“If this is real love, it doesn’t matter it
is a she or a he” (Valerie Chow, “Freaky Story”)
The Act of Viewing
Film theory invokes the related concepts of
identification and desire as mechanisms whereby film viewing can be imbued
with potential ideological significance. Feminist film theory, in
particular, has argued that the very forms and narratives of classical
Hollywood – and, by extension, narrative cinema world wide – have tended
to support prevailing patriarchal norms. This is achieved not only
via the textual construction as discussed above, but also in the act of
viewing. It is hypothesized that the audience (of either gender)
is invited to identify with the principal protagonist or hero (customarily
male in genre films) by the fact of their agency within the narrative.
Since most action genre films primarily foreground male figures engaging
in masculine-coded actions, the presumed audience address is inherently
male and patriarchal. According to this view, the intended male audience
can easily read the gender-coded conduct of the protagonist, and is invited
to identify with this male figure. The evidence (Note
1) suggests that action genres are, indeed,
predominantly preferred by men.
To the extent that women feature at all in low-genre
action films, their role is usually ancillary to the principal narrative
axis since they are acted upon, or act in response to, the principal male
characters who drive the narrative. Narrative closure is frequently
achieved by the male achieving formation of a relationship. By identifying
with such male roles, male viewers may implicitly adopt and endorse the
dominant patriarchal norms that are represented in this type of text.
To the extent that female viewers may identify with traditionally depicted
female roles, they may be inclined toward adoption and endorsement of an
implicitly submissive spectatorial position. Although obviously varying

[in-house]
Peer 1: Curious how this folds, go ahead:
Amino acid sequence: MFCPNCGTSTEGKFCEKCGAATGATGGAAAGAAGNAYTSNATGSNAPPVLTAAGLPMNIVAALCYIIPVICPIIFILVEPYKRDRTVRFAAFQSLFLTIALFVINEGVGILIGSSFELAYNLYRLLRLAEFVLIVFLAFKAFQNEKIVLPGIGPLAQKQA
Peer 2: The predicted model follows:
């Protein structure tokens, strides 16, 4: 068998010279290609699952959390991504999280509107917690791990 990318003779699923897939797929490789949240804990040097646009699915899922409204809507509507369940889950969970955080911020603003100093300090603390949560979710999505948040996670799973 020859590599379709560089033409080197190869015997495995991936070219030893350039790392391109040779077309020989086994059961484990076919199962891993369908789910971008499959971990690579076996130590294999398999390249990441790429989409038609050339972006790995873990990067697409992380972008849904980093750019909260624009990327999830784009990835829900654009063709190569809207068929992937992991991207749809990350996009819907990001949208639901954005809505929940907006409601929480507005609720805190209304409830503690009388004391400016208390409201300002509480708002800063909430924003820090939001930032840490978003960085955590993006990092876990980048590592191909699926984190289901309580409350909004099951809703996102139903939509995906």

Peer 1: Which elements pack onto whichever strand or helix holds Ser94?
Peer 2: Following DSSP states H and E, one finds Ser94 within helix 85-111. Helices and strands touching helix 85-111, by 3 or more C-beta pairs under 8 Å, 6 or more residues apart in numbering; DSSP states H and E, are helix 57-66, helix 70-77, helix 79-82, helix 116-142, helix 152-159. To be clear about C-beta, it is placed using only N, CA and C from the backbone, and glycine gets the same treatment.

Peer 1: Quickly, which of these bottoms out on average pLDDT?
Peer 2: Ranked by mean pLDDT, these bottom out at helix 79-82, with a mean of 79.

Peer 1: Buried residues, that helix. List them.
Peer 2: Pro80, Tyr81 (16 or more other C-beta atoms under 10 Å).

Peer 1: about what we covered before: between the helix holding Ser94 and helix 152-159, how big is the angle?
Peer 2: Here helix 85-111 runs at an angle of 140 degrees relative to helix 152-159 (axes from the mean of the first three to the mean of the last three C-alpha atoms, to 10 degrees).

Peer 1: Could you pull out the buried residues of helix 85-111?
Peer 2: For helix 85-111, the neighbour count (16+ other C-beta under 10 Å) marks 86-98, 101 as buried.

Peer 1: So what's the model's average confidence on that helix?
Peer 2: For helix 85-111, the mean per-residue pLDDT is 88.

widely across film titles, these dominant roles and identificatory patterns
can be considered to support broadly patriarchal assumptions – rendering
action genres relatively conservative in typical ideological perspective.
When taken to extremes in low-genre films, film theory refers to an active
“sadistic” gaze versus “masochistic” identification.
The possibilities for desire also seem strongly
coded by role. Desire associated with the valued icon of the “star”
often seems predicated on carefully cultivated aspects of gender role.
Female bodies are frequently filmed and presented in fragmented and highly
stylized ways (Note 2),
emphasizing appearance and display over action and skill. The traditional
male figure in film can be described as the active possessor of gaze and
initiator of approach, while the female figure is “to be looked at” and
While numerous HK and other Asian genre films
certainly conform to these general patterns, GWG films superficially do
not. Instead, they privilege female action, agency and skill (and
sometimes an active gaze) while occasionally de-emphasizing appearance
and attire. The possibility of male sado-masochistic identification
is acknowledged in analysis of pornography (Note
3), raising the possibility that GWG films
might also invite a distinctly different pattern of identification and
desire from the male spectator than the traditional action genre.
It could be argued that sufficient male-coded behavioral conventions are
typically present in GWG films to permit relatively effortless male identification
with the nominally female protagonist who would then correspond to the
ambiguous “Final Girl” figure. An intriguing cultural observation
involves the apparent difference in this regard between Hong Kong and Japanese
GWG films. Unlike HK norms, most Japanese GWG films retain conspicuously
stereotypic gendering of their protagonists who are clearly not “Final
Girls” but follow traditional display codes (perhaps one reason why the